The Supreme Court has received a petition to review a December 8 decision giving the go-ahead to the National Highway Authority of India (NHAI) and the Centre to acquire land for the construction of the 277.3-km-long Chennai-Krishnagiri-Salem national highway project worth over ₹10,000 crore.
The top court had set aside the Madras High Court’s apprehensions about the environmental harm the project would cause.
The original petitioner in the High Court and Tamil Nadu resident, Yuvaraj S., said projects meant to be for “public purpose” should give maximum benefit to the largest number of people. This project does not meet that criterion set forth by the Supreme Court itself in past judgments.
The review petition said a mere decision to form a greenfield road/highway/national highway taken in a committee meeting cannot claim to be a “policy decision” made in public interest when the decision ultimately violates the law. The petition said the highway project was in fact a violation of the larger policy of the Bharatmala Pariyojna project.
The review petition said the government authorities acted beyond their powers by not obtaining the Ministry of Finance-Department of Expenditure (DOE)-prescribed appraisal by the Public Investment Board for projects that cost over ₹500 crore. The authorities also did not obtain the Ministry of Finance-Department of Economic Affairs (DoEA)-prescribed appraisal from the Public-Private Partnership-Appraisal Committee for projects with a civil construction cost of more than ₹1,000 crore. Mr. Yuvaraj also claimed that the approval from the Cabinet Committee on Economic Affairs and the Comptroller and Auditor General’s audit was not completed.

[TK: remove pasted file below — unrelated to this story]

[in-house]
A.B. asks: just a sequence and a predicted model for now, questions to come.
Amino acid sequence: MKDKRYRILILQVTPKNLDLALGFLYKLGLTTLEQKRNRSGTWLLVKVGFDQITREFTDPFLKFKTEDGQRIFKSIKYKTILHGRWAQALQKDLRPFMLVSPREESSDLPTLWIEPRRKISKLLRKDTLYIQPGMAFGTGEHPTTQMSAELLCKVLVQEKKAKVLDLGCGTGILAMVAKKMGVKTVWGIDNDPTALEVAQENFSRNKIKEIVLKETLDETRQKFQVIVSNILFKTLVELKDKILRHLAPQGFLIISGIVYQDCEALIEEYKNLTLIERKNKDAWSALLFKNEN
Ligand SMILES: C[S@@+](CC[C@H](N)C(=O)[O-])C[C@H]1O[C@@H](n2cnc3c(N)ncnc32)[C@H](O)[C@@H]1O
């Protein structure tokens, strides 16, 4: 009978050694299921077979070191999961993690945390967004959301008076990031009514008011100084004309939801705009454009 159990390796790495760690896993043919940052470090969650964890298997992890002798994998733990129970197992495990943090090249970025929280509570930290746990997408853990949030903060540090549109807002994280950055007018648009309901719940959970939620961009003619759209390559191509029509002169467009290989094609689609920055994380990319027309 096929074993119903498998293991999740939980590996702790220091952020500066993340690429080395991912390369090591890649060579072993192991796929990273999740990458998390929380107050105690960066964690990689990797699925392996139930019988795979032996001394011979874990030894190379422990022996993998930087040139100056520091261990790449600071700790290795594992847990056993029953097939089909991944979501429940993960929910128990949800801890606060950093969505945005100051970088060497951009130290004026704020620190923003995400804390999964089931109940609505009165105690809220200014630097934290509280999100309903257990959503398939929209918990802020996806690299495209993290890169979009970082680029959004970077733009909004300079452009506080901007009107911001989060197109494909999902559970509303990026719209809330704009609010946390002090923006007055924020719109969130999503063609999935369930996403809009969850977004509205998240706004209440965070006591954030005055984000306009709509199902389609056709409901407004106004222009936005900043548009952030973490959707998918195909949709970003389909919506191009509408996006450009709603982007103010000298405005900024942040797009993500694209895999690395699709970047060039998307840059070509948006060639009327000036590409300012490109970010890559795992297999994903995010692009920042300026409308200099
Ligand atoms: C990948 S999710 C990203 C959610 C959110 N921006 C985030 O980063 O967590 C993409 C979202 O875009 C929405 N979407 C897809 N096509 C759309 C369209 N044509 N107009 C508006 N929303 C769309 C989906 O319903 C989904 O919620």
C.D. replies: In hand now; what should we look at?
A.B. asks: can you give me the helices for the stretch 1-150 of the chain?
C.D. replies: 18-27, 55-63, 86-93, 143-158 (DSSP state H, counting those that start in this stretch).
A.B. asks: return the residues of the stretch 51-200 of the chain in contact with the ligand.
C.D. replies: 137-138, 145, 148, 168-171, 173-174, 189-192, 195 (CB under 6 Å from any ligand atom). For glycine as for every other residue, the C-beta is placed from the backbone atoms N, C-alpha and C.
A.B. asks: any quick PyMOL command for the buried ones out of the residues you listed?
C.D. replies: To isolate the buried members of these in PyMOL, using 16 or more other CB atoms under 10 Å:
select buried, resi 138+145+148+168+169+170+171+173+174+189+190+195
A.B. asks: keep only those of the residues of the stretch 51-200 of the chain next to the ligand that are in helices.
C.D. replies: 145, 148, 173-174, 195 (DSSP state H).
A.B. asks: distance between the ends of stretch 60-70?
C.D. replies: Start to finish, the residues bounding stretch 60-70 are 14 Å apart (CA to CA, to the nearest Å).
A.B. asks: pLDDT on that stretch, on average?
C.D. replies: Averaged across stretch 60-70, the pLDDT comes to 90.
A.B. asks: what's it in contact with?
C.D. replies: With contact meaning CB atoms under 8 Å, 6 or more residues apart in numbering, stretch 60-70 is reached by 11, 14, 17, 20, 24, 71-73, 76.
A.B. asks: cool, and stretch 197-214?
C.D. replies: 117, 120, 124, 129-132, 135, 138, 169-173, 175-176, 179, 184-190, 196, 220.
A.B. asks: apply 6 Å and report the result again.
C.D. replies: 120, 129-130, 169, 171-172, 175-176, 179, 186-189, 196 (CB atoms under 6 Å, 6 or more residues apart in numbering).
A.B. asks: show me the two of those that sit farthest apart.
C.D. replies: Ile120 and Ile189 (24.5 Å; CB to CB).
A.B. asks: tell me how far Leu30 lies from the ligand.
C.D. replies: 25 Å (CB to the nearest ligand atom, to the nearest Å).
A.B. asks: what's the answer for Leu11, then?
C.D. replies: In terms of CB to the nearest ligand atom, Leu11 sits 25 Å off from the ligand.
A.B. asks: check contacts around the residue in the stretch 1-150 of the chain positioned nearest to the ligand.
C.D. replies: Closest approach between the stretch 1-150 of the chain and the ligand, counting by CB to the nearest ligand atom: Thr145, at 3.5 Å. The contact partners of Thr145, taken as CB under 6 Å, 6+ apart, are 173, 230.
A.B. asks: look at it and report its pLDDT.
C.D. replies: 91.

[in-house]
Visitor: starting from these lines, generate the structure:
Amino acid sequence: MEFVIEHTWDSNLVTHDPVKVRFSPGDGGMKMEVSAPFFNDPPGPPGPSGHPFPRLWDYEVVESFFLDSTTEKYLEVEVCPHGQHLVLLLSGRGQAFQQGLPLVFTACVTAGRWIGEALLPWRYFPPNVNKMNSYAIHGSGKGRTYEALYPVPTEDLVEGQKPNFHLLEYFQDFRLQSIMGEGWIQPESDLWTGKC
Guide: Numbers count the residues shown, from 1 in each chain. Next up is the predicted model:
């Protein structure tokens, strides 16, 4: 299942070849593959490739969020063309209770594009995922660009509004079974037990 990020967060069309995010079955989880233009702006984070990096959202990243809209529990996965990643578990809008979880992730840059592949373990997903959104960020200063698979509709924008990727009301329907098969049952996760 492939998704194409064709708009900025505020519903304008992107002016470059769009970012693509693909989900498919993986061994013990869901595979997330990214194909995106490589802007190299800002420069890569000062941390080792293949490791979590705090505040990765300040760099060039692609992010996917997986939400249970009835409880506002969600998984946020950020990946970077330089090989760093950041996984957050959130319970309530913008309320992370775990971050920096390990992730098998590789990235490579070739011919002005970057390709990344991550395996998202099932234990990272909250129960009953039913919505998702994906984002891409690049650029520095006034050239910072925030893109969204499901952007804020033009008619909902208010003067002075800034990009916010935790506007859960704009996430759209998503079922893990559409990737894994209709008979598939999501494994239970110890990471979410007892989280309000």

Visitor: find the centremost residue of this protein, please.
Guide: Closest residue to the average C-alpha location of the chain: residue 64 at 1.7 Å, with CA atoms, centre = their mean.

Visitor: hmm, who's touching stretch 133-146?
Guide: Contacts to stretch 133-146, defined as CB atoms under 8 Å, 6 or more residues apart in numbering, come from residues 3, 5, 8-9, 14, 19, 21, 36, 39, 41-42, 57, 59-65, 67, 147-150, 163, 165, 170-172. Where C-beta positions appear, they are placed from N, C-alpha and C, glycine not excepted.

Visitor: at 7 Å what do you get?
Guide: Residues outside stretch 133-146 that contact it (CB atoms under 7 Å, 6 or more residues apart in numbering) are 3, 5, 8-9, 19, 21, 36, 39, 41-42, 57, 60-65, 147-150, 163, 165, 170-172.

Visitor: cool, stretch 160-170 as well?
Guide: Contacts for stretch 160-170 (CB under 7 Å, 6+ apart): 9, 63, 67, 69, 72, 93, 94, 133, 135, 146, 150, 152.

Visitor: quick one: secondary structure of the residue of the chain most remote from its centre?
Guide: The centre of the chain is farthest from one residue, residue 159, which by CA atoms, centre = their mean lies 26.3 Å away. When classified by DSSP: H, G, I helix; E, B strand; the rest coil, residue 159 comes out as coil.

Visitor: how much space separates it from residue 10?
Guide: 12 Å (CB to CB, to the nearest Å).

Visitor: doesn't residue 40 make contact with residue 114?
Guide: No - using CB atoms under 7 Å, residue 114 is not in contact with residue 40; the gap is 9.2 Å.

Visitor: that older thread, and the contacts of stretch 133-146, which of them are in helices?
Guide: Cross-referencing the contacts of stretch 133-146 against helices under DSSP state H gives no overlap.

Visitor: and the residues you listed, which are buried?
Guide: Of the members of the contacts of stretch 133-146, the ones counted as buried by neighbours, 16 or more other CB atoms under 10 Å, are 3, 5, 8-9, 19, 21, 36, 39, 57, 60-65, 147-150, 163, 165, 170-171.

The eight-lane highway (NH179A and NH179B) is part of the first phase of the ‘Bharatmala Pariyojna’ project, which stretches across 24,800 km and has an estimated outlay of ₹5.35 lakh crore. The project aims at improving the efficiency of freight and passenger movement across the country by bridging critical infrastructural gaps. The highway intends to cut travel time between Chennai and Salem by half.
“By its very nomenclature, a national highway is to link the entire country and provide access to all in every remote corner of the country for interaction and to promote commerce and trade, employment and education, including health-related services,” the Supreme Court had said in its December 2020 judgment.
The project had faced opposition from locals, including farmers, over fears of losing their land, besides environmentalists who were against the felling of trees.
Source: Read Full Article